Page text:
Question

Home network and Boost

  • 8 November 2019
  • 6 replies
  • 134 views

Badge +2

I’m thinking of adding a Boost to my Sonos system to reduce the load on my TP-Link Deco mesh wifi setup, but had a couple of questions - hope someone can clear my mental fog!

The first is: Does separating off the Sonos system from the rest of the busy household’s wifi traffic make much of a difference, in practice? I’ve got a Play 5, Beam, Connect, a Play and two Play 1s on the go around the house.

The second is: Once I’ve got my Sonos system running via the Boost, do I have to switch my devices to a new Boost network to control things or will the Sonos app on my Mac and iPhone be able to communicate via the Deco network (ie without the need to switch networks on my devices every time I want to play something on Sonos)?

Hope this makes sense - thanks for any info you can offer!


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6 replies

The first is: Does separating off the Sonos system from the rest of the busy household’s wifi traffic make much of a difference, in practice? I’ve got a Play 5, Beam, Connect, a Play and two Play 1s on the go around the house.

Yes, typically. The audio traffic is carried on the SonosNet dedicated mesh. Also, grouping is likely to be more reliable than attempting to operate the system in WiFi (“wireless”) mode attached to multiple access points.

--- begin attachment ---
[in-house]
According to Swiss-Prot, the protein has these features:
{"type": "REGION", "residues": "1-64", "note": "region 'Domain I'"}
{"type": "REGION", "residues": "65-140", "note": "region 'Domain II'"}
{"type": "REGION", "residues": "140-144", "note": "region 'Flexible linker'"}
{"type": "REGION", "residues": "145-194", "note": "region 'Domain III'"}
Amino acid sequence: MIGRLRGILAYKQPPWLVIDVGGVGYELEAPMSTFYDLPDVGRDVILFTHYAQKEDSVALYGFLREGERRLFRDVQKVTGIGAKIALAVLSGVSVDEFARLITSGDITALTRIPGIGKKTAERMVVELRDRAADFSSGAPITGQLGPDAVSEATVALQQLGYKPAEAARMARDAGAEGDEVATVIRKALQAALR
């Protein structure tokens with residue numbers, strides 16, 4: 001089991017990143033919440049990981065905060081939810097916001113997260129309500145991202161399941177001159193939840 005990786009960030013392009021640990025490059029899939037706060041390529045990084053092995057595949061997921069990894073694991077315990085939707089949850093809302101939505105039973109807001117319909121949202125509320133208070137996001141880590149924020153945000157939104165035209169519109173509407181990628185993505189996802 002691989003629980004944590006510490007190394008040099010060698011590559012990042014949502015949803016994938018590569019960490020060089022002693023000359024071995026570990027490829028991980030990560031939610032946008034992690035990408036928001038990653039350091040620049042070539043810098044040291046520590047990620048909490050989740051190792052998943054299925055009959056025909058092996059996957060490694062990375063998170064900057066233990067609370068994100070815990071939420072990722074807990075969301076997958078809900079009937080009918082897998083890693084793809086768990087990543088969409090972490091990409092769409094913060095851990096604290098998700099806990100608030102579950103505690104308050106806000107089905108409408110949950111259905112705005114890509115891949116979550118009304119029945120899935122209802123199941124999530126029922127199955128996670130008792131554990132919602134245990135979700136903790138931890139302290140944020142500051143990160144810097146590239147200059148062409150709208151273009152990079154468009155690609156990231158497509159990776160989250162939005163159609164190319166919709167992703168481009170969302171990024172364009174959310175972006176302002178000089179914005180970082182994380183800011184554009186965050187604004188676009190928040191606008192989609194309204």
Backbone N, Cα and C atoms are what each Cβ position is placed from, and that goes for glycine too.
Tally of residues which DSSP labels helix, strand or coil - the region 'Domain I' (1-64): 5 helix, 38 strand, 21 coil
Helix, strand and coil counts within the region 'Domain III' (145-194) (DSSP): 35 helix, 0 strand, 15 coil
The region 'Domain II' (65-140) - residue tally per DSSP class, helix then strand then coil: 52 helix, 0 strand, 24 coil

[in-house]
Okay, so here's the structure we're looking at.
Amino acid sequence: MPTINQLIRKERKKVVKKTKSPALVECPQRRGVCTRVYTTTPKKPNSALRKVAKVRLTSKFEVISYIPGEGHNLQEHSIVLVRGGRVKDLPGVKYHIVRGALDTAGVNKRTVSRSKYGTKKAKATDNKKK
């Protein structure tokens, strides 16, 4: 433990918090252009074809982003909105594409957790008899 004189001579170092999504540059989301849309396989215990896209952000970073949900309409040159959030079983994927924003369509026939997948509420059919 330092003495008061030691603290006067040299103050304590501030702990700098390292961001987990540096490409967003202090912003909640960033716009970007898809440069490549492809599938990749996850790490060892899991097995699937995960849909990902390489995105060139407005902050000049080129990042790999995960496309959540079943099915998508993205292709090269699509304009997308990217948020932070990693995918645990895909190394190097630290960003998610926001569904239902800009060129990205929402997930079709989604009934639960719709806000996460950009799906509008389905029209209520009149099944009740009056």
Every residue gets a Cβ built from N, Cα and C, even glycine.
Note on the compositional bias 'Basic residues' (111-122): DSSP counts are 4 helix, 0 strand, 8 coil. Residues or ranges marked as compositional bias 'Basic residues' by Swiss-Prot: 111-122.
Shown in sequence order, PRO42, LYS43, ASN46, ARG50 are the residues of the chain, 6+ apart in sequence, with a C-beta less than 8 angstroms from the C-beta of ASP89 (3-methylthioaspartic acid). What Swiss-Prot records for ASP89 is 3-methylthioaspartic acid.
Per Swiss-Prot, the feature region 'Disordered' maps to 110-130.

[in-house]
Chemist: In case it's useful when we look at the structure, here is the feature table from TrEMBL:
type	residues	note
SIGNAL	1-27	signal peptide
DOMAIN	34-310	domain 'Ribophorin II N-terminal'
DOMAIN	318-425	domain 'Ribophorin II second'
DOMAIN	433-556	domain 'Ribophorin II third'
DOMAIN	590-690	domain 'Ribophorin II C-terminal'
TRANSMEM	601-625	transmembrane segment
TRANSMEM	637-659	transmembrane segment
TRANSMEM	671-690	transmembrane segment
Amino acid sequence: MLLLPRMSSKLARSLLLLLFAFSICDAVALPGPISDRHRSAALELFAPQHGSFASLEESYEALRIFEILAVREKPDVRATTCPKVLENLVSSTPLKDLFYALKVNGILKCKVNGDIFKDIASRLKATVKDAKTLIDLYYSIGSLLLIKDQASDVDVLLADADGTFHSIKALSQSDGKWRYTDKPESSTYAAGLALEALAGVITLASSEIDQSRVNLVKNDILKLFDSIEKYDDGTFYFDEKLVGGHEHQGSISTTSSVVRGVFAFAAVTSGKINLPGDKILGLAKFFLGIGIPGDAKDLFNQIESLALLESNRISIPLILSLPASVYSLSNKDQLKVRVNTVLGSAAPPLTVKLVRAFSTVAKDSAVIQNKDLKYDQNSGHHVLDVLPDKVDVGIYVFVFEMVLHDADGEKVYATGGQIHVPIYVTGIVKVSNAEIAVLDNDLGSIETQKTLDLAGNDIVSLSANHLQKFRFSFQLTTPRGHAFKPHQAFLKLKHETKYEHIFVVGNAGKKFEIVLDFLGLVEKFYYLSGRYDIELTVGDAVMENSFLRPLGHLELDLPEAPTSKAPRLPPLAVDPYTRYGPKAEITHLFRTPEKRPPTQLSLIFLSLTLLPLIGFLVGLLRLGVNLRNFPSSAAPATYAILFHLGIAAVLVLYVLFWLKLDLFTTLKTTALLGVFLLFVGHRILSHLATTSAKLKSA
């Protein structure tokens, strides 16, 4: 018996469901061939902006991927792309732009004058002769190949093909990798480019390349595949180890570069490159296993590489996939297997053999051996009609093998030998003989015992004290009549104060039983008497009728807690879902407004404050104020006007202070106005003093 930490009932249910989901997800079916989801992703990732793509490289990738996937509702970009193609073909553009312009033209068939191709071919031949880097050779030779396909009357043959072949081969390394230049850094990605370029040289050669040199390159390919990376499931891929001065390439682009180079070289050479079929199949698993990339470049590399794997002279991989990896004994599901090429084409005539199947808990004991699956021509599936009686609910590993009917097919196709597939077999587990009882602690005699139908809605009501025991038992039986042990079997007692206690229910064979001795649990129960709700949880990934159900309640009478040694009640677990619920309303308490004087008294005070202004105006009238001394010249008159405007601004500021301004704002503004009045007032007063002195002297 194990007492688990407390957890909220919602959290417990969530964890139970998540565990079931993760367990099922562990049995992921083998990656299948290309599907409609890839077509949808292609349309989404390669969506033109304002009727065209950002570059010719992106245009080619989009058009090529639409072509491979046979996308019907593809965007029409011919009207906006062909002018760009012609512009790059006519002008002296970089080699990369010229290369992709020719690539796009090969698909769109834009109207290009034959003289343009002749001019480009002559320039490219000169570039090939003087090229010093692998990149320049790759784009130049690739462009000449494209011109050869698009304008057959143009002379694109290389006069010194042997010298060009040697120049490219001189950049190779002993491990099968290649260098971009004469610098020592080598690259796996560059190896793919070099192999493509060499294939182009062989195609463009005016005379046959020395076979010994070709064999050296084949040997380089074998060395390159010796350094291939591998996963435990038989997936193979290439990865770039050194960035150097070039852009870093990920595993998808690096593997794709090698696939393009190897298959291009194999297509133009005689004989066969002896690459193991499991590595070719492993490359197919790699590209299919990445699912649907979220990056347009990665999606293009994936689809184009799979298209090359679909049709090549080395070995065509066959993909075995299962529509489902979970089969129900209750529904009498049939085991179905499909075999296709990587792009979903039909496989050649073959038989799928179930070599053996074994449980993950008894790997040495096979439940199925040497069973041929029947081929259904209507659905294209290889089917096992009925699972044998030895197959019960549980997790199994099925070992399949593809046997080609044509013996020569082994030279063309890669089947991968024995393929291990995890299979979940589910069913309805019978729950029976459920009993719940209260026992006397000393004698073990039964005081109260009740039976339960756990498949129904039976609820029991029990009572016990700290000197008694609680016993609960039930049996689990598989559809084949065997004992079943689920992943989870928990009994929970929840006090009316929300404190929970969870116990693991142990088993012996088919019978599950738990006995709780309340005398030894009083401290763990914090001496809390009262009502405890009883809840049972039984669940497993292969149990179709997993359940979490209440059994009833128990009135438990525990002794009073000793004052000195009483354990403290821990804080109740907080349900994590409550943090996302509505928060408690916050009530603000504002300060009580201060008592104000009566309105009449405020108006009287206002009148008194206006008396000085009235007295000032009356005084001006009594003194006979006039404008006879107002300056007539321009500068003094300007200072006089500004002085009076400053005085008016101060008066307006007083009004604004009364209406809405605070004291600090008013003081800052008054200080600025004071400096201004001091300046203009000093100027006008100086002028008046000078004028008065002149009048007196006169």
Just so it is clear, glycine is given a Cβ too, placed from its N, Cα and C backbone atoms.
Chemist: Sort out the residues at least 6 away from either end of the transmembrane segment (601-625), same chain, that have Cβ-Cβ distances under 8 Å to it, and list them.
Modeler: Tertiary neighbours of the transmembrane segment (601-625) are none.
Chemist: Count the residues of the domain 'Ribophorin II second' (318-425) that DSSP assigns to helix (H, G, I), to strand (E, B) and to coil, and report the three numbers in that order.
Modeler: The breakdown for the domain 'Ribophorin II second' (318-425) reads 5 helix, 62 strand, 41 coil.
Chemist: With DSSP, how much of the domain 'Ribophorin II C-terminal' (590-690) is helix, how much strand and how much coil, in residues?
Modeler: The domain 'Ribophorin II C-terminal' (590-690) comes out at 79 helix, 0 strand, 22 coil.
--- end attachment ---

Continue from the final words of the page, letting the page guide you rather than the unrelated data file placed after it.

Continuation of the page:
The second is: Once I’ve got my Sonos system running via the Boost, do I have to switch my devices to a new Boost network to control things or will the Sonos app on my Mac and iPhone be able to communicate via the Deco network (ie without the need to switch networks on my devices every time I want to play something on Sonos)?

So long as the Boost is wired to a LAN port on one of your Deco units Sonos will be on the same IP subnet. Controllers on the WiFi should therefore have no trouble finding the players.

[The Deco system can actually be put into ‘bridge mode’, meaning that a Boost could then be wired back to the main house router, but cross that bridge (pardon the pun) only if necessary.]

 

First:  In my experience, yes it does.  I tried Airplay once, and audio stuttered when streaming HD video.  I can stream multiple streams of Sonos audio and someone can be watching 4K in another room and there are no problems.  Sonos still recommends Sonosnet for anything over a few units.
 

Second: No, the Boost’s Ethernet connection bridges the Sonosnet network to you standard WiFi network.  No need to change WiFi on your devices at all.

Slow typing… jgatie and ratty are quicker. 

Badge +2

Thanks for the responses, guys! Sounds like a Boost is just what our house needs.

Really appreciate your help on this one - can’t beat the Sonos community for helpfulness and knowledgeability!

Userlevel 4
Badge +6

You may not need a boost if there is a Sonos device that you can cable to your router, or buy another Play:1 and use that as a ‘boost’. I use a Play:1 in office where router is, that is my ‘boost’

Userlevel 7
Badge +21

Something else to consider in favor of Boost Mode, with or without a Boost, is that once you have your Sonos gear off your home WiFi you can enable a lot of different options that are incompatible with Sonos operation. WiFi fairness, multiple AP channels and multiple SSIDs and probably others that escape me right now.

My recommendation is Boost mode, and to wire all Sonos devices that are easily wired to strengthen the Sonosnet mesh.